US-funded GZ preservation project completed

…stone masons trained, swathes of heritage land now lantana free

Moses Ziyambi

The National Museums and Monuments of Zimbabwe (NMMZ) has completed a preservation project at the Great Zimbabwe monuments which was funded by the United States government to the tune of US$475 000.

An event to commission the project was held at the monuments today April 12, 2023, and was attended by many dignitaries including the US Acting Ambassador to Zimbabwe Elaine French, local traditional leader Chief Mugabe, the Minister of State for Masvingo Provincial Affairs and Devolution Ezra Chadzamira, NMMZ deputy board chairperson Professor Sara Feresu and World Monuments Fund project officer for Sub-Saharan Africa John Zulu.

Through the Ambassador’s Fund for Cultural Preservation, the United States released the funding in late 2018 to cover three components of preservation: lantana camara control, conservation of the dry stone walls, and installation of an electronic real-time wall monitoring system. The conservation of the dry stone walls included the training of NMMZ stone masons.

In the wake of the event, the US Embassy, the World Monuments Fund and NMMZ released a joint statement celebrating the completion of the project which was meant ‘to preserve the structural and historic integrity of the Great Zimbabwe Monuments.’

In her remarks, French said she was glad that the partners worked diligently to identify a workable and sustainable solution for removing the invasive lantana camara weed from the environment of the monuments to make sure it does not cause damage in the future.

“As Zimbabwe’s most iconic heritage site and one of the most prominent in Africa, we are delighted to be partners in the cultural and historic preservation of Great Zimbabwe. I commend the resilience of our partners – the World Monuments Fund and the National Museums and Monuments of Zimbabwe for working concertedly to complete the project despite a two-year Covid-19 induced delay,” she said.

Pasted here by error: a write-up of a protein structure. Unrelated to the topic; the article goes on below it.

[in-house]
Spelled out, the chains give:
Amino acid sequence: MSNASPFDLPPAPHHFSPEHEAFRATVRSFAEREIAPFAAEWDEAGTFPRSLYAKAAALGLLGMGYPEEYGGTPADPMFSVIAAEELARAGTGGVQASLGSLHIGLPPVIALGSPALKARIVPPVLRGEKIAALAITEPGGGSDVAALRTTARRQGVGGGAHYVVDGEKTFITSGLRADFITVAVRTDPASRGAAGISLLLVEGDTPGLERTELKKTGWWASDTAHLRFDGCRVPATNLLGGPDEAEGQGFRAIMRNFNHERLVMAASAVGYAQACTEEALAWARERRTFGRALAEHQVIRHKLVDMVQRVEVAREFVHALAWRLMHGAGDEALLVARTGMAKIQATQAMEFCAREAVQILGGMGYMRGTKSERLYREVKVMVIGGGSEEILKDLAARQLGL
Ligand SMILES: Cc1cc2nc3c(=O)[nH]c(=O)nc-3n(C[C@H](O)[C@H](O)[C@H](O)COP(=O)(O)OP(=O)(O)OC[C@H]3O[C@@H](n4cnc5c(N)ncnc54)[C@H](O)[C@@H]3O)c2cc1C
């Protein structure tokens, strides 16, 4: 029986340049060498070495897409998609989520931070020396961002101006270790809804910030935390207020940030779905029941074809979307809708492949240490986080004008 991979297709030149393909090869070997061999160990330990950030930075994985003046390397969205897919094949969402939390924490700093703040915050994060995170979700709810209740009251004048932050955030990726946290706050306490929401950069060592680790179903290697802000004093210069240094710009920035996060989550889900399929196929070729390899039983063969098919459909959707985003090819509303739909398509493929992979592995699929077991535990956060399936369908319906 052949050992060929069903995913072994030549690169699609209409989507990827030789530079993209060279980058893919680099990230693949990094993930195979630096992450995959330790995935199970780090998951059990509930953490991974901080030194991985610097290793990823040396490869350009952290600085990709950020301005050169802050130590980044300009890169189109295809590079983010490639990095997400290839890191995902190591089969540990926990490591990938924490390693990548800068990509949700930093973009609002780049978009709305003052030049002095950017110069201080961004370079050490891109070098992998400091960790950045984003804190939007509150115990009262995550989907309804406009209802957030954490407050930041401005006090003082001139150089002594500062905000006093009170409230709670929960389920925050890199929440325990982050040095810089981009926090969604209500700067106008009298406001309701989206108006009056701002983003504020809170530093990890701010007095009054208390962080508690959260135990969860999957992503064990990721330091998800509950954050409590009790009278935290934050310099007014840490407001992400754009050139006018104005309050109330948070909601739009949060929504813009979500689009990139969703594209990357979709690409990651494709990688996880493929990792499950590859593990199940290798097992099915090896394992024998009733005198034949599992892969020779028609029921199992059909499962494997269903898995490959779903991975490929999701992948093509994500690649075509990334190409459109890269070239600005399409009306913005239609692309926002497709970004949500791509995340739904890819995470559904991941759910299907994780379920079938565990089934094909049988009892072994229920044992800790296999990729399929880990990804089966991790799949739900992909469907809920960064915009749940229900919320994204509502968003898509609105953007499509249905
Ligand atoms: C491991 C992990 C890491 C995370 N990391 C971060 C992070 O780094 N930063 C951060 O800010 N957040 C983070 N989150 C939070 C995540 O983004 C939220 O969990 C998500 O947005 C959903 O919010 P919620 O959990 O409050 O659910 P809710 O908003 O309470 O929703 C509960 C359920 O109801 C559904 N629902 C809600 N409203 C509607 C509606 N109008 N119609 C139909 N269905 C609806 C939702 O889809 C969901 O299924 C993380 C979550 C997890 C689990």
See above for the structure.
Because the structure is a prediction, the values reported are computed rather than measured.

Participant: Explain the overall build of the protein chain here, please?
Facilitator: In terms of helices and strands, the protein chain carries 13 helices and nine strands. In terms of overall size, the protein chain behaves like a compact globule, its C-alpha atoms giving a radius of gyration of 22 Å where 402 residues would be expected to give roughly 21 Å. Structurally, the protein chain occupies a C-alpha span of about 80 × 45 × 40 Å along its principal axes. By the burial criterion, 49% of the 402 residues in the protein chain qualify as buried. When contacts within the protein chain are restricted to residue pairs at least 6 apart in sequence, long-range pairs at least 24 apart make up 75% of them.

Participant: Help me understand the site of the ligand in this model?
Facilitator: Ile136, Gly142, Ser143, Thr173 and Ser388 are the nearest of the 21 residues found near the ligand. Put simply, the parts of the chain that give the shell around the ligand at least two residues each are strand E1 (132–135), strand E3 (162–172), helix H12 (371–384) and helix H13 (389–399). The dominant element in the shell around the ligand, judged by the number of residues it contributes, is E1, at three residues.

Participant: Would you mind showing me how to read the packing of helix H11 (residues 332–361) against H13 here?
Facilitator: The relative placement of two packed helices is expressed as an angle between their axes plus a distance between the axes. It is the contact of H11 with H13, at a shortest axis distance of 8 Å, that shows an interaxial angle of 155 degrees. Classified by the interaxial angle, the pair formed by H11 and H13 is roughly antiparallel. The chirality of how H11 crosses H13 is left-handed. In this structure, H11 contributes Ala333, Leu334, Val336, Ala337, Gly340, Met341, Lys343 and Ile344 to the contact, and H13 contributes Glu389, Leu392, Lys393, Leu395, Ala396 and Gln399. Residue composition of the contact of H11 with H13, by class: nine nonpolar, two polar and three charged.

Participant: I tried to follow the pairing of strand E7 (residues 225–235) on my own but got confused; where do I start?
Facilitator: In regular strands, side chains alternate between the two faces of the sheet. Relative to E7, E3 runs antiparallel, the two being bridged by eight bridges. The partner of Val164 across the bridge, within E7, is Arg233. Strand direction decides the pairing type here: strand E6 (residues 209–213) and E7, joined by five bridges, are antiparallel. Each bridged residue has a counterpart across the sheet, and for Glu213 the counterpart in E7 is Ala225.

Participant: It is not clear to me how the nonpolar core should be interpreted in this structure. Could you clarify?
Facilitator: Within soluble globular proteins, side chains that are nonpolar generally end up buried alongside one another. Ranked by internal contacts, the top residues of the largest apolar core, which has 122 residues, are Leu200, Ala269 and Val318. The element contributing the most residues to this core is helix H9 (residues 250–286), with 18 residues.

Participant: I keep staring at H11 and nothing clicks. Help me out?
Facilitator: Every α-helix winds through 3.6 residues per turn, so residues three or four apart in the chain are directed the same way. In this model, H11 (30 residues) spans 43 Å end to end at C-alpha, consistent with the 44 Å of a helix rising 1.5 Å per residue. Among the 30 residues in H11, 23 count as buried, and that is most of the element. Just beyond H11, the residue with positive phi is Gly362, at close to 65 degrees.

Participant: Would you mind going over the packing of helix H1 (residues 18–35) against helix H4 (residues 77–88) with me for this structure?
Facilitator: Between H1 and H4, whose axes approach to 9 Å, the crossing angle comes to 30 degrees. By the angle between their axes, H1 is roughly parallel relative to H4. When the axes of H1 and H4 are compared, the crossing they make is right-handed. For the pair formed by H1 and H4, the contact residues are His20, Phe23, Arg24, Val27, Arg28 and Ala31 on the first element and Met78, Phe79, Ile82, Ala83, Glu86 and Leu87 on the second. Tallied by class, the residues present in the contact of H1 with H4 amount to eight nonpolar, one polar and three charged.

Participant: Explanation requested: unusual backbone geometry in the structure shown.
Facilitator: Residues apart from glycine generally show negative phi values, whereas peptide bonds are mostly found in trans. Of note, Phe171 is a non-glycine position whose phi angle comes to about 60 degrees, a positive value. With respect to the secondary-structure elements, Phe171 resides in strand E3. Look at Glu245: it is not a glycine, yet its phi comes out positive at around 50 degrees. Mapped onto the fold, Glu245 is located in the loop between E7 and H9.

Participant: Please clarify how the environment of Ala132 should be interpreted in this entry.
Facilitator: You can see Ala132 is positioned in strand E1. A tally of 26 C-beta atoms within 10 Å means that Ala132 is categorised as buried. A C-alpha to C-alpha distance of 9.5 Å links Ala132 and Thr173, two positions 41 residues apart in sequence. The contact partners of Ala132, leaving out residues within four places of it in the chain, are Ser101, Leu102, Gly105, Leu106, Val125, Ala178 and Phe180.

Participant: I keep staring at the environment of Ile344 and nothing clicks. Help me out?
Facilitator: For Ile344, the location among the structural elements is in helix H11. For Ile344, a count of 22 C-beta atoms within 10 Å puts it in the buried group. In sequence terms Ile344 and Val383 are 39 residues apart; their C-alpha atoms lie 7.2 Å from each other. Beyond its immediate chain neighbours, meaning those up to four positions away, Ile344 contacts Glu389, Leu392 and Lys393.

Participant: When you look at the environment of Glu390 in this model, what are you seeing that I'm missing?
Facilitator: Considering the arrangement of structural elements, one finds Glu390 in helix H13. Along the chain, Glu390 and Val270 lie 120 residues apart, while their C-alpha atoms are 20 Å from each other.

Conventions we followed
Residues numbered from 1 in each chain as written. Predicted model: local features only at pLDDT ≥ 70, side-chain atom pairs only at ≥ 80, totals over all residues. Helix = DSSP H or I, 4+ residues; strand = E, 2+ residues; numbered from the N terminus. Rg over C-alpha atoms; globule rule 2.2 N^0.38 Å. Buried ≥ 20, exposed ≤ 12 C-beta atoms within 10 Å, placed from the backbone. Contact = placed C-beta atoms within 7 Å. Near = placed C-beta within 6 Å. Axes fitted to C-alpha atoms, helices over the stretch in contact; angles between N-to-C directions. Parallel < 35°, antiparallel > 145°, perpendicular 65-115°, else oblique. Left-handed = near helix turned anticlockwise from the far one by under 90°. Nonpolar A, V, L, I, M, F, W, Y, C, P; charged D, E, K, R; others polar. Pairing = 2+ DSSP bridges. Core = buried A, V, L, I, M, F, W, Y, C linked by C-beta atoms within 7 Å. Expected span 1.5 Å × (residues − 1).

Earlier on, Chief Mugabe (real name Matubede Mudavanhu) had called for greater fusion between indigenous and scientific methods to improve preservation of the heritage site.

“I am glad that many stakeholders appreciate the cultural value of this site. I call for greater financial support so that more work can be done. I also want to emphasize the importance of respecting and incorporating indigenous preservation knowledge systems in all future projects because we have always had our own methods of taking good care of the site,” he said.

In his speech, NMMZ executive director Dr Godfrey Mahachi said his organisation greatly valued the assistance rendered by the US government which made possible the establishment of new synergies against lantama camara.

“The partnerships we have created locally with universities and other stakeholders will ensure that lantana camara is managed to cause no harm to the national monuments,” he said.